This trope is a slapstick comedy equivalent of a binary explosive. It consists of two completely harmless elements which, when combined, Hilarity Ensues.
First, there's an animal. It's usually either a baby wild animal or a recently - acquired pet, but it can also be an older animal or even a Starfish Alien. If it isn't adorable it'll often be Ugly Cute. The important thing is that it is both (1) seemingly harmless and (2) highly sympathetic.
Next, there's a scene of orderly domestic tranquility. It might be a carefully organized storage shed or convenience store, a restaurant, a dining hall preparing a wedding reception, or a bedroom in a Stepford Suburbia. There are often a number of highly fragile objects present, such as lamps, vases, wedding cakes, neatly stacked displays, etc.
What happens next depends on how the two find their way together.
- If the animal gets into the room alone, the scene will be a complete mess by the time any humans arrive. The animal will be completely unharmed, although usually coated with some substance it overturned.
- If there are already humans present, expect everyone except the Only Sane Man (usually either a child, the animal's caretaker, or a minor authority figure such as a hotel concierge) will be either oblivious or panic and run for the exit, causing more trouble than the animal itself. Hilarity Ensues as the Only Sane Man crawls under tables in an attempt to locate the animal and is mistaken for a troublemaker. The scene will typically end with the Only Sane Man being verbally chewed out by an angry customer, their boss, etc.
If there's an older pet who is largely innocent of the damage, expect it to be blamed for cute animal's damages.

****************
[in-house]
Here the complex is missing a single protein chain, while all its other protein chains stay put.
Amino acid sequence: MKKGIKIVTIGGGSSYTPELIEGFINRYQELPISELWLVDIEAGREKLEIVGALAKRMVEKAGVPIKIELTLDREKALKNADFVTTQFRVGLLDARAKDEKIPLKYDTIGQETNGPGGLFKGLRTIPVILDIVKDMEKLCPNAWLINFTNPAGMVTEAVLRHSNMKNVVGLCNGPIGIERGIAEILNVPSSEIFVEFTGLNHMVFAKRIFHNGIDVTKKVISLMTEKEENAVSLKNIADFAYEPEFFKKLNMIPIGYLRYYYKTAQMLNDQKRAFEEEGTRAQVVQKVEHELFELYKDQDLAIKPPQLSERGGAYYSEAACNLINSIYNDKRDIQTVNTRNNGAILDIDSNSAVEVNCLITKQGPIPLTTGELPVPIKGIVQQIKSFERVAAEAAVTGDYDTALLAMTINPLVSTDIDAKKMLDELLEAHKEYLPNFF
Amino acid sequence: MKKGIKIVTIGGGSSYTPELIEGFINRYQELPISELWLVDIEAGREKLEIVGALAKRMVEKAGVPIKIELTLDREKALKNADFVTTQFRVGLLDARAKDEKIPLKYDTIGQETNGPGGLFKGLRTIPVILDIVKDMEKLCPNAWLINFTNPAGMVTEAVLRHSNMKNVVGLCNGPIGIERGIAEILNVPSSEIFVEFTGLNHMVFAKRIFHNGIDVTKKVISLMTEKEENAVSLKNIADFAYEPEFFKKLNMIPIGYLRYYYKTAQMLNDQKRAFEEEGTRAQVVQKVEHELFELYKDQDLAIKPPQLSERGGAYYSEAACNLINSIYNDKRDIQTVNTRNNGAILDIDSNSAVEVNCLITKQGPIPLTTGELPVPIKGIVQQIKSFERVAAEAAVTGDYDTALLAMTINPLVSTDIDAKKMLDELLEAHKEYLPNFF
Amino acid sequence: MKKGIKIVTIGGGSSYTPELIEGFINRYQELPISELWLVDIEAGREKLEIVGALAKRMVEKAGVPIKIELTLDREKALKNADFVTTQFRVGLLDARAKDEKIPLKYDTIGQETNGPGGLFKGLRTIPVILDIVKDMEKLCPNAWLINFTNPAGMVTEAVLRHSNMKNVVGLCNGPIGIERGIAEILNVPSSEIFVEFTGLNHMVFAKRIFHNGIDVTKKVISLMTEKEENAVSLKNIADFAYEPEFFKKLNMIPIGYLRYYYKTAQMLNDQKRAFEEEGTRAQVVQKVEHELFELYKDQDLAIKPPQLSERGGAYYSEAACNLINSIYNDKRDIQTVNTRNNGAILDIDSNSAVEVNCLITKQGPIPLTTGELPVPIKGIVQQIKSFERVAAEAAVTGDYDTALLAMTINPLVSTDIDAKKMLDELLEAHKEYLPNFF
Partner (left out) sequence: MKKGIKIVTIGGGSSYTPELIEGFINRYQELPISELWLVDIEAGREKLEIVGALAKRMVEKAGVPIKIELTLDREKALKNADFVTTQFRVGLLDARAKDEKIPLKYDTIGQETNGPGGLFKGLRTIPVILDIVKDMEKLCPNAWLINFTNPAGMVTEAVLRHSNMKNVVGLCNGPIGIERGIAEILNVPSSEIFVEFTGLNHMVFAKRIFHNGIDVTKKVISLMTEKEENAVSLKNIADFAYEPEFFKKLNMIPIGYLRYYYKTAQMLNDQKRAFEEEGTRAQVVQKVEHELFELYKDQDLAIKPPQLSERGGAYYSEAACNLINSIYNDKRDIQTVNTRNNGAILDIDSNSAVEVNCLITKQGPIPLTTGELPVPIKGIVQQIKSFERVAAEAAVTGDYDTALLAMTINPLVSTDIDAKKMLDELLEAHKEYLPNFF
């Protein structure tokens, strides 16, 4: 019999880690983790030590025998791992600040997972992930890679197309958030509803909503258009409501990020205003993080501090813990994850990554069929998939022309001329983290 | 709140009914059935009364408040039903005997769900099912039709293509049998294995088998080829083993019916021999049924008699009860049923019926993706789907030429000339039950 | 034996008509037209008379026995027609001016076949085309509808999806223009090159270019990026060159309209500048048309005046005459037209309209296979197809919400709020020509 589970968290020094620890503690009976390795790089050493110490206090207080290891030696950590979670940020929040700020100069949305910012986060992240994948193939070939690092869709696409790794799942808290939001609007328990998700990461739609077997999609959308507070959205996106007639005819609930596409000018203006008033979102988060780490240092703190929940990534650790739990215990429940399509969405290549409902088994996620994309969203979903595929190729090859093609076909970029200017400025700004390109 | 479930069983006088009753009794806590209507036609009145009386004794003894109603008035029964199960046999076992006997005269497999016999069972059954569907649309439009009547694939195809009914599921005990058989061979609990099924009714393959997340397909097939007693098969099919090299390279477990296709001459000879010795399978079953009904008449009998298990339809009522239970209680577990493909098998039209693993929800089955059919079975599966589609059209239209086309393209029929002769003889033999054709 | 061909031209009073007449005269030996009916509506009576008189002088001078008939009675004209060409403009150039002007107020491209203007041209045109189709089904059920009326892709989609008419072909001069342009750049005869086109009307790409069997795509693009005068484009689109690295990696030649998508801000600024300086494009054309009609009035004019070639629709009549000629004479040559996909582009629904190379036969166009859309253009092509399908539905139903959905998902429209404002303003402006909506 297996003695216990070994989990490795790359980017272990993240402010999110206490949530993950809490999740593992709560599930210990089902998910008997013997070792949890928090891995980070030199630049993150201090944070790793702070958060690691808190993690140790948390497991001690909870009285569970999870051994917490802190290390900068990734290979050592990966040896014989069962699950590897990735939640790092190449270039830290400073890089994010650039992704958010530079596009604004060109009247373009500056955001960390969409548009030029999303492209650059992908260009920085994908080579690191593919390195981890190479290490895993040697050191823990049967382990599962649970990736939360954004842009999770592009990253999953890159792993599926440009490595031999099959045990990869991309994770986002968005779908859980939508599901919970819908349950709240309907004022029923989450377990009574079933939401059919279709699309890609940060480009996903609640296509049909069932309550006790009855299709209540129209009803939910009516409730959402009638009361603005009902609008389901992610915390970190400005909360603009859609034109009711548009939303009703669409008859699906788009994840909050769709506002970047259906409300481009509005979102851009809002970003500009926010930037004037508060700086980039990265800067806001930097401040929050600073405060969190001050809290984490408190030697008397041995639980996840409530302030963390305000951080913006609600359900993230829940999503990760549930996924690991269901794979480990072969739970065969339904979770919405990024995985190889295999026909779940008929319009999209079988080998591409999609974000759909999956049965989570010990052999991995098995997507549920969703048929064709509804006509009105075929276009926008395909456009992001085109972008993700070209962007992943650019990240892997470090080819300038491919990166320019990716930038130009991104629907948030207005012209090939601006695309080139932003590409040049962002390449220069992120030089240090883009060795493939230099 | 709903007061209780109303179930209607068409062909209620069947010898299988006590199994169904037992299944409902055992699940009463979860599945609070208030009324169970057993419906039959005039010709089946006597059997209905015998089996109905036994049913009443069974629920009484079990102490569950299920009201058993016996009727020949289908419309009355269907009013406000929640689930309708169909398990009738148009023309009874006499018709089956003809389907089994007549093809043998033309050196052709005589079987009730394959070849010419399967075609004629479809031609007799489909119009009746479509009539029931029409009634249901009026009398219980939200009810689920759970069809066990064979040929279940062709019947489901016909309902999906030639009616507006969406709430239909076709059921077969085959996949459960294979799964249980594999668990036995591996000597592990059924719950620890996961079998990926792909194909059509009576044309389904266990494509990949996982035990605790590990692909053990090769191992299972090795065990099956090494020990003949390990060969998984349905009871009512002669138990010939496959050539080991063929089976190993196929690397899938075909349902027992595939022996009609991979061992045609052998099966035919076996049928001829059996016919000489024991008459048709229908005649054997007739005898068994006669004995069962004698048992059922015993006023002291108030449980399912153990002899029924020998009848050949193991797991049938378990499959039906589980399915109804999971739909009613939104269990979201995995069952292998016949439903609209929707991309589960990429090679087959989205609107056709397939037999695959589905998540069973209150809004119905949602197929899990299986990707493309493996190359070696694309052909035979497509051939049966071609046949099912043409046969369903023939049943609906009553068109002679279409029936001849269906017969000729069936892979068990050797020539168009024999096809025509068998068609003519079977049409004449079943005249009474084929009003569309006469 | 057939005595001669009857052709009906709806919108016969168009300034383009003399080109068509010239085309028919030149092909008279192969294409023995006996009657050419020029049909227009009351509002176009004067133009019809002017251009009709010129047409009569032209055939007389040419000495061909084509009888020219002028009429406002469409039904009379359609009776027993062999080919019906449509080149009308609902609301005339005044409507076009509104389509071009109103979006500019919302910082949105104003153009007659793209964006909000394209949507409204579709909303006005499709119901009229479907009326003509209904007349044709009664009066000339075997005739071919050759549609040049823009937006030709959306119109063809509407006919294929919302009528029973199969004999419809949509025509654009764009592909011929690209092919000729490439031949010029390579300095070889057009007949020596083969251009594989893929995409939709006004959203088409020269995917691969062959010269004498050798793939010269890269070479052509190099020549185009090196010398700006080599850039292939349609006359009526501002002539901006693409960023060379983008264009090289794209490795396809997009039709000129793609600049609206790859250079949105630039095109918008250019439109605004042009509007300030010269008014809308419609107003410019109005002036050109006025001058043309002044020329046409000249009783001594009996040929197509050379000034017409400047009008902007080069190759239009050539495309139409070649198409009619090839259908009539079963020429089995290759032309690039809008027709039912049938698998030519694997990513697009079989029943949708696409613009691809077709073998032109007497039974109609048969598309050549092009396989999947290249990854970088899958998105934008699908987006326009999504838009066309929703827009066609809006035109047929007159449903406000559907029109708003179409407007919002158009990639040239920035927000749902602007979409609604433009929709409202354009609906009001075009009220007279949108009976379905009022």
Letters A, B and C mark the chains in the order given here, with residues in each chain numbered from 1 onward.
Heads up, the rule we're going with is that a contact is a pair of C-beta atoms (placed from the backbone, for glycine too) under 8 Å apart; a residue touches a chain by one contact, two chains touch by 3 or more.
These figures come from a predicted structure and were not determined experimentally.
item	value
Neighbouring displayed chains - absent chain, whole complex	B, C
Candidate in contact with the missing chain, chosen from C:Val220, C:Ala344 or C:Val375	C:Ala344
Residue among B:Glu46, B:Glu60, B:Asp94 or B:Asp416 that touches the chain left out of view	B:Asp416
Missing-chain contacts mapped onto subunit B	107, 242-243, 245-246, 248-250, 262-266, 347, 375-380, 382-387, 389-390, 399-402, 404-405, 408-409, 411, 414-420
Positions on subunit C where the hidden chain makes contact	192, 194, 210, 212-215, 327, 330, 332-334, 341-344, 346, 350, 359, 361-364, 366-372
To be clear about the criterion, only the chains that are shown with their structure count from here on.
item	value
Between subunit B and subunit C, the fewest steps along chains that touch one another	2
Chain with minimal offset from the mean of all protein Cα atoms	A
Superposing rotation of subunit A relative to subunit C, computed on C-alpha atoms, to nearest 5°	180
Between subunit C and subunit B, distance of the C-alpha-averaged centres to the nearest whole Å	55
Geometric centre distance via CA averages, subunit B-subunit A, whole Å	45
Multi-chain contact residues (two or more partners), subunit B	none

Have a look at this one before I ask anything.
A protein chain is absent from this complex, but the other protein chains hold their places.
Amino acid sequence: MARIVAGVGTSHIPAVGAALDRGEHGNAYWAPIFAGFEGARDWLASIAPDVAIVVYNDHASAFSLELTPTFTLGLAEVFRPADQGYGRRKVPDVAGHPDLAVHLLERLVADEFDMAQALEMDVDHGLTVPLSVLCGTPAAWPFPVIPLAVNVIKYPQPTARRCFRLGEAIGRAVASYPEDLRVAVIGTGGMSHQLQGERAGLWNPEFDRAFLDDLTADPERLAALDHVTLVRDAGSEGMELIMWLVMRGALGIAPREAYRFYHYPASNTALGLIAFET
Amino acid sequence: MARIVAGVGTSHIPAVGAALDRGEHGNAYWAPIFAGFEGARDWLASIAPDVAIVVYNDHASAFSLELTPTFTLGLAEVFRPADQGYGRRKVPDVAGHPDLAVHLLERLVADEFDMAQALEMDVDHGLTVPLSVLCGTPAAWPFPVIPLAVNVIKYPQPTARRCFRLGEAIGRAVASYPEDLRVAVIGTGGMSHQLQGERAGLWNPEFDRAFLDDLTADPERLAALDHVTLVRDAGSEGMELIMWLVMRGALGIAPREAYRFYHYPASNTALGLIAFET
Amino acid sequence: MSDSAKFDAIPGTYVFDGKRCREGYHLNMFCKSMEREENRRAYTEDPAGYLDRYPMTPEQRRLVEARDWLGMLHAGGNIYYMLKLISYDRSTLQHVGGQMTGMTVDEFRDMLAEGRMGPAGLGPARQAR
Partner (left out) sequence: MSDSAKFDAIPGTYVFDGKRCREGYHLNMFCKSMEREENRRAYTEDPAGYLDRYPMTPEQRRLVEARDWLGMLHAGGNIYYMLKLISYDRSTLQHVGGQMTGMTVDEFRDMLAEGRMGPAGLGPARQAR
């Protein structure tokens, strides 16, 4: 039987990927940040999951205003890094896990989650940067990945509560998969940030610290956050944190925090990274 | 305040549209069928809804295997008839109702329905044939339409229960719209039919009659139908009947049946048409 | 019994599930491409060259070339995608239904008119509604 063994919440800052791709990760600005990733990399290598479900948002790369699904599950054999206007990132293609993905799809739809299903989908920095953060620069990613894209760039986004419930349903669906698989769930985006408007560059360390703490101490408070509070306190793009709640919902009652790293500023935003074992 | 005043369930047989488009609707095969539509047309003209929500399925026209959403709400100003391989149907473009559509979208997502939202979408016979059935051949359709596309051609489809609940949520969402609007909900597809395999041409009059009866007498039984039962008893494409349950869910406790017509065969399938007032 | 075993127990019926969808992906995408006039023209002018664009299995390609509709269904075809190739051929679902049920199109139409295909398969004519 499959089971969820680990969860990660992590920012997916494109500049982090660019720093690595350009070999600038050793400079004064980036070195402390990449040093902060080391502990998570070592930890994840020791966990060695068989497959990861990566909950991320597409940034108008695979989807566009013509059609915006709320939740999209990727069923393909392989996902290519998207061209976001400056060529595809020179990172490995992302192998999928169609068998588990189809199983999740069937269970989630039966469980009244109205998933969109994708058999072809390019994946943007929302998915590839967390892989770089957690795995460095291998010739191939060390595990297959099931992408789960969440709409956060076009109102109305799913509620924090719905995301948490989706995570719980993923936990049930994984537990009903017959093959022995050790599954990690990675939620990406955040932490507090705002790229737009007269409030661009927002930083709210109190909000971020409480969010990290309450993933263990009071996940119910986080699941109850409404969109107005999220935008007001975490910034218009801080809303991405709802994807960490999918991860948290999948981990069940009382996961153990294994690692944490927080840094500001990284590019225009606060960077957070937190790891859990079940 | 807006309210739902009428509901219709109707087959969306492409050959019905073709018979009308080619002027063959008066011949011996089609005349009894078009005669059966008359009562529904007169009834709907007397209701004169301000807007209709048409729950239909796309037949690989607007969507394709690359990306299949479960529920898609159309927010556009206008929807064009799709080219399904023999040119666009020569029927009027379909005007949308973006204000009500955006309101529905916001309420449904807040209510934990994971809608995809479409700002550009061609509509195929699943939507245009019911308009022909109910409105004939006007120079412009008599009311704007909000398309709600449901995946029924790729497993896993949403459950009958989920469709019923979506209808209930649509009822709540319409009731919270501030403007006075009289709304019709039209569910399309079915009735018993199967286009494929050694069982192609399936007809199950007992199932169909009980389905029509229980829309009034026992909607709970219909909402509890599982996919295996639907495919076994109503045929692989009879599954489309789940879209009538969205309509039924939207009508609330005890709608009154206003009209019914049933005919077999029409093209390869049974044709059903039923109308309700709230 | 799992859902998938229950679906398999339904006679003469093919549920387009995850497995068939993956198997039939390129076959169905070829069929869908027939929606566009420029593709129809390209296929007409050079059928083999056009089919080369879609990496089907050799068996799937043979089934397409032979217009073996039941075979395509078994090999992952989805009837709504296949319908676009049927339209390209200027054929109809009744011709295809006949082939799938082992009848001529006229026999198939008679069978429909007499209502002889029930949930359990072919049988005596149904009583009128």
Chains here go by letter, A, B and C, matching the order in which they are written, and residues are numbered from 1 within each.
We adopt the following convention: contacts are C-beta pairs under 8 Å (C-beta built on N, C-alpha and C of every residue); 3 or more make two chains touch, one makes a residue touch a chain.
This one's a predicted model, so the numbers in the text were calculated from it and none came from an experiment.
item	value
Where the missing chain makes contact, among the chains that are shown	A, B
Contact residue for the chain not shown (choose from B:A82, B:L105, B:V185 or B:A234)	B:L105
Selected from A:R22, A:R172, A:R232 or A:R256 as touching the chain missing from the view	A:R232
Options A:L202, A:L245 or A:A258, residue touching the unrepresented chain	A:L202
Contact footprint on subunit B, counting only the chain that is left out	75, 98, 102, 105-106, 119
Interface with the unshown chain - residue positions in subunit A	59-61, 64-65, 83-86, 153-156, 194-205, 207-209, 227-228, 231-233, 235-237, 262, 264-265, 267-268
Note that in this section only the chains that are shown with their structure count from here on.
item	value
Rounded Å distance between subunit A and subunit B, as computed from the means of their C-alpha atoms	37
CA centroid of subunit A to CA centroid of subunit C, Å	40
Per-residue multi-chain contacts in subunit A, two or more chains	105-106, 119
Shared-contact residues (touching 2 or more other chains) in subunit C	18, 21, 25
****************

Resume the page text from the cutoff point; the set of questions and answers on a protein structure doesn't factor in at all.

Unlike a Killer Rabbit or Happy Fun Ball, those of this trope are not a serious risk to life and limb. This animal causes much less deadly destruction - just humorous stuff - for example, trying to jump from a ladder to a balcony, causing a can of paint to fall onto a wedding cake.
It's also entirely unintentional on the animal's part. The animal often either doesn't know it's being naughty, doesn't realize how angry this might make the people who spent hours setting up the room, or it doesn't really know how to NOT be destructive in such an environment. The naughtiness often makes the animal seem even more cute, especially when it is just as frightened by the chaos it is creating as everyone else.
Compare Non-Malicious Monster.
- In Chi's Sweet Home, there is a chapter in which the main character (a kitten) is exploring her "father's" office. She ends up getting a roll of packing tape stuck to her butt and, after a series of event, the office is a complete wreck.
- In Cats & Dogs, the family adopts a seemingly-cute Russian Blue who is actually working for Mr. Tinkles. He frames Lou for leaving a mess on the floor, and he tears apart the living room with all of the dangerous tools that he used against the dogs.
- In The Shaggy Dog sequel The Shaggy D.A., the title character hides under a table at a charity dinner, causing a panic.
- In The Water Horse, the title character is chased by a bulldog through a dining hall in a Big Fancy House, much to the annoyance of military personnel using it as an officer's mess.
- Wild animals
- They often find man made structures and vehicles a highly attractive environment, filled with places for shelter, warmth, food, etc. However, they often underestimate the danger posed by angry humans and their machines. In turn, humans often underestimate the potential for trouble that a seemingly harmless wild animal can have.
- Cute little mice can chew through wood, wires, and food packaging, leave droppings in unfortunate places, and otherwise wreak havoc that seems far greater than such a tiny creature should generate. While they are Big Eaters relative to their size, when you see a mouse there's often more than one.
- Many domestic animals are bred to be cute, sweet, and harmless, but deep down they're still animals, and have the potential to be just as curious, predatory, opportunistic, and feisty as their wild cousins.
- The cat breed known as Maine Coon is notable not only for its coat, but also its size and disposition, which not only makes them more likely to knock over objects, but also riskier to retrieve when riled up. Let's just say it's best to wear long pants.
- Animals with a highly social nature, such as dogs, often get bored or anxious easily when left alone, and some will take their frustrations out on inanimate objects.
- Similarly, highly intelligent exotic animals such as apes or parrots, when not given sufficient physical and mental challenges by their environment, will often focus that intelligence on looking for creative ways to amuse themselves.